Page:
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What does pet insurance cover?

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by Danni White ConsumerAffairs Research Team
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Like human health insurance, pet insurance coverage is a complex and important topic. Paying attention to the fine print of your policy ensures your pet's medical needs are covered. This guide examines typical pet insurance coverage and limitations as well as the available types of insurance.

Let's start with the good news. For the most part, you can find pet insurance coverage that’s comprehensive and customizable to your needs. While this varies depending on the details of your plan, most policies cover accidents, illnesses, cancer, hereditary or congenital conditions and chronic illnesses. This list covers most of the major expenses of pet care. Some providers let you add on wellness coverage to help pay for the cost of preventive health, medications and annual exams.

Most pet insurance policies exclude preexisting conditions and pets younger than eight weeks old. Without the aforementioned wellness add-on, most policies don't cover preventive health, including flea and heartworm treatments. Even if a treatment is covered, the cost of the office visit or exam fee may not be reimbursed in its entirety.

Pet insurance coverage

There are a few types of pet insurance plans available for different prices — options range from accident-only coverage to comprehensive plans. Some providers offer add-ons for routine care, vaccinations and other common expenses.

  • Accident-only plans kick in when your pet is injured in an accident. Each insurance company sets its own rules about what qualifies as an accident, but most cover car accidents, bites, cuts, torn ligaments, poisoning, foreign bodies and bloat. This coverage is usually affordable and offers a basic level of protection against the unexpected.
  • Accident and illness coverage includes everything you'd find in a typical accident-only plan, but the plans also typically cover chronic illnesses, hereditary conditions, congenital illnesses, cancer and other diseases. With this plan, you may still pay for things like diagnostic tests and routine care. However, this is a good option if you only want coverage for the most expensive treatments your pet might need.
  • Comprehensive coverage typically helps pay for treatment for accidents, illnesses, diagnostics and alternative therapies. Depending on the company's list of covered services, this may include cancer treatments, surgeries, hospitalization, prosthetics, orthopedic care, imaging, diagnostic tests, specialist visits and prescriptions. Comprehensive pet insurance typically doesn't cover wellness costs unless you choose to add on routine care coverage.
Pet insurance coverage ranges from accident-only to comprehensive and includes add-ons.

Some insurance companies offer policy add-ons or wellness-only plans that cover routine care. This includes things like exam fees, annual vet visits, flea and heartworm treatment, vaccinations and microchipping. If you take your pet to the vet frequently, this coverage reduces your annual pet care costs, especially if your pet is young or elderly and requires frequent visits.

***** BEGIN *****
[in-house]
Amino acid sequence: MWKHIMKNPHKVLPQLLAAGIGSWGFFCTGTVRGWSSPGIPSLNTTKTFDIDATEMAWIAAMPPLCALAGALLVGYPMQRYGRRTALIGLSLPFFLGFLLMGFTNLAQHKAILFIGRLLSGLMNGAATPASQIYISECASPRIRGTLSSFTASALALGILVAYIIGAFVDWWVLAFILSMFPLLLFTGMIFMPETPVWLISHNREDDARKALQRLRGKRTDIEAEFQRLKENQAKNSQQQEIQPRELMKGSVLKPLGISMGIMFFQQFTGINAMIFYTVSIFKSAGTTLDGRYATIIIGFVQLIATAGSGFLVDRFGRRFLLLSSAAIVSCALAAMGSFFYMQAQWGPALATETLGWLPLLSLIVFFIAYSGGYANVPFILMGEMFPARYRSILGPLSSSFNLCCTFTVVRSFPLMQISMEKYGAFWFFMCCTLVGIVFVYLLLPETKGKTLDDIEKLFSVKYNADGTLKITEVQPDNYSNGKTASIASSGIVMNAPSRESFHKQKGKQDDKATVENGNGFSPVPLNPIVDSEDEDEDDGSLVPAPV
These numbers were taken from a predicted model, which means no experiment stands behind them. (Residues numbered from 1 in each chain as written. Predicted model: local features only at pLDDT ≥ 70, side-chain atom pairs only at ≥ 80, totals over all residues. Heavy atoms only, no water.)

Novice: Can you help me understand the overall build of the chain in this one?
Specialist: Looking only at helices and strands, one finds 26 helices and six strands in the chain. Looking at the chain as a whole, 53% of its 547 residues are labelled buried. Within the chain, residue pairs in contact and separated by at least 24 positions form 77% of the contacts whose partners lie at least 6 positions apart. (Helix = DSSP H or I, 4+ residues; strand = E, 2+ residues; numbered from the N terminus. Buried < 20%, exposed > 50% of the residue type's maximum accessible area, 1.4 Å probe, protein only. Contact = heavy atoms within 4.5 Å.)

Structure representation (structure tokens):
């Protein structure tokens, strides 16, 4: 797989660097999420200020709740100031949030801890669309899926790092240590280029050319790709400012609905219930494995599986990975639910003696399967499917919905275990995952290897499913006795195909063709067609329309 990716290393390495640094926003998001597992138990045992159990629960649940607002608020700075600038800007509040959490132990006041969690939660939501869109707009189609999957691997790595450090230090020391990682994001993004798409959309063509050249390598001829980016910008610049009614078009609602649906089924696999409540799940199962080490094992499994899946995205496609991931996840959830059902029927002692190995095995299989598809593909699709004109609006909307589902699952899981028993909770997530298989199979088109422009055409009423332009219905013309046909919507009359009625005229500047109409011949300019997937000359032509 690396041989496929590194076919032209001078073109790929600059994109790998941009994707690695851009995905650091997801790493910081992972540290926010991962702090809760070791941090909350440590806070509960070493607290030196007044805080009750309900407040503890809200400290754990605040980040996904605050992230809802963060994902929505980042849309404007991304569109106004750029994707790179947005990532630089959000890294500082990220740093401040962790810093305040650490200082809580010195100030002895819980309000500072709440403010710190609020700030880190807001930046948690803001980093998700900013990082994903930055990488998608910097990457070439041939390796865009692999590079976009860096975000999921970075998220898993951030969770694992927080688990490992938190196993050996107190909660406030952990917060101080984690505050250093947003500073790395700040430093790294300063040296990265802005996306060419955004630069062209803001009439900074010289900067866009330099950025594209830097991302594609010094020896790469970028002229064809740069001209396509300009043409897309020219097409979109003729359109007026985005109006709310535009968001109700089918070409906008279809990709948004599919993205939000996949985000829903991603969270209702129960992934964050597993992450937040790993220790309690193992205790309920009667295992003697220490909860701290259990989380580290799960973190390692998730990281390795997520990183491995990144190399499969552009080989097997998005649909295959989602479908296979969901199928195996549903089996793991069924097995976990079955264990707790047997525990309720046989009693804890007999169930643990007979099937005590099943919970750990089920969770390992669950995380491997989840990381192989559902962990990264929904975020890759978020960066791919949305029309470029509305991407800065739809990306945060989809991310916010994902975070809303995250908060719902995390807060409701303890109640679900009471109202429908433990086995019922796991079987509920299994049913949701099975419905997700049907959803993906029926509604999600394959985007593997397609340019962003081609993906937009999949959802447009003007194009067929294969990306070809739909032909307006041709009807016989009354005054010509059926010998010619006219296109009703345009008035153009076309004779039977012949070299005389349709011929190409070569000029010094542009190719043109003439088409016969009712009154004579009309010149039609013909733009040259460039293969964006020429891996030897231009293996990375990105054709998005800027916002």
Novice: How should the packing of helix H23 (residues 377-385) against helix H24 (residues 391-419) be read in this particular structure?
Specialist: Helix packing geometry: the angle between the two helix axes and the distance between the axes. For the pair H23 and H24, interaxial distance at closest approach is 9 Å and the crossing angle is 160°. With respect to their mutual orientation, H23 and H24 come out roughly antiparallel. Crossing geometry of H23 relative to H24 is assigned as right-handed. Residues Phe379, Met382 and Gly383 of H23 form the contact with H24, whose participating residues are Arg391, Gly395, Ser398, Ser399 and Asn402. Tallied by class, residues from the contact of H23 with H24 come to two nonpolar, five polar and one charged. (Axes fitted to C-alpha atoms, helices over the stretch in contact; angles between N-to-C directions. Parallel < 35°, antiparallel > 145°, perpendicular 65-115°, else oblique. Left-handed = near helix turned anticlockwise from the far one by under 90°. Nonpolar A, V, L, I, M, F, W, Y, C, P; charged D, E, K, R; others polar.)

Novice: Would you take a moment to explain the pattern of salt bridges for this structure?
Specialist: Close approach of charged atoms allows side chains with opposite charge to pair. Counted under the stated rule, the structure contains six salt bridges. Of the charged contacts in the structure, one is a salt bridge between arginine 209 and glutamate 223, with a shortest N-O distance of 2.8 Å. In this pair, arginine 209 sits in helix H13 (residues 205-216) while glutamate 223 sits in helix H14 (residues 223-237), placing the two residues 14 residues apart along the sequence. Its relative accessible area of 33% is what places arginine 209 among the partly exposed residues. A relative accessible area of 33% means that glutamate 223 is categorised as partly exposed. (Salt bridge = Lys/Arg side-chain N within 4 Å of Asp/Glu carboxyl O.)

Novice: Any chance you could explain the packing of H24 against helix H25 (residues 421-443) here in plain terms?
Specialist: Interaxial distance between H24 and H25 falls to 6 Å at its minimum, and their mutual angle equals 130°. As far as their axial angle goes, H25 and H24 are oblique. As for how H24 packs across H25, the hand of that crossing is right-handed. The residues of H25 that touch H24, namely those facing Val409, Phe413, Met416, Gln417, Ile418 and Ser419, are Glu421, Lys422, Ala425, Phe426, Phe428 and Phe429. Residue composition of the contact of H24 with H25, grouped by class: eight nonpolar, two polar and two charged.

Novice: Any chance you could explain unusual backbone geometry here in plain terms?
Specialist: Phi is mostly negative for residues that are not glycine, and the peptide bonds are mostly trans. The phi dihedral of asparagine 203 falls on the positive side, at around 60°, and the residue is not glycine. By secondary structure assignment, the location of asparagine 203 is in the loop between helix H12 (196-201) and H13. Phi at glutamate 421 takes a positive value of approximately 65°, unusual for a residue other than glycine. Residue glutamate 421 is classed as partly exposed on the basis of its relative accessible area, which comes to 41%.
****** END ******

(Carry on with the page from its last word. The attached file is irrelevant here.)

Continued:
An insurance company may offer multiple policies at each level, which lets you customize your coverage. In addition to more conditions covered, more expensive policies can also extend the annual maximum, reduce your deductible and improve your reimbursement options.

The plan that’s right for you varies based on your finances and your vet's estimation of your pet's health. For example, if your pet's breed commonly develops hip dysplasia, you'll want comprehensive coverage that includes hereditary conditions. You can also filter your options by price point and only pay for what you need.

Pet liability insurance

Pet insurance policies don't typically include pet liability, so you’ll have to pay the cost if your pet injures someone or damages their property. If the accident happens in your home, most homeowners policies cover the damages if the pet isn't a restricted breed. However, this coverage typically doesn’t apply off your property.

Pet liability insurance may be a good idea to purchase a policy if your pet has a history of behavioral problems or is rambunctious. This protects you from financial liability if there’s an incident. You may have to purchase liability insurance through a different company than your pet insurance provider.

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    How long does pet insurance take to kick in?

    Pet insurance companies typically have waiting periods for specific treatments after signing up. Accidents usually have the shortest waiting period, from a couple of days to two weeks. Waiting periods for illnesses average around two weeks as well. Serious conditions and orthopedic treatment may have a much longer waiting period of six months to a year. Check with your insurance provider to see which waiting periods apply to you.

    Bottom line

    Pet insurance helps cut the cost of major veterinary expenses, but what’s covered varies based on the policy you choose. Policies range from basic accident coverage to plans that cover every aspect of your pet’s health. Compare policies from the top pet insurance providers to find a plan that meets your budget and matches the needs of your pet.

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    Profile picture of Danni White
    by Danni White ConsumerAffairs Research Team

    As a member of the ConsumerAffairs research team, Danni White is committed to providing valuable resources designed to help consumers make informed purchase decisions. Danni specializes in content strategy and development, with over a decade of professional writing and research experience.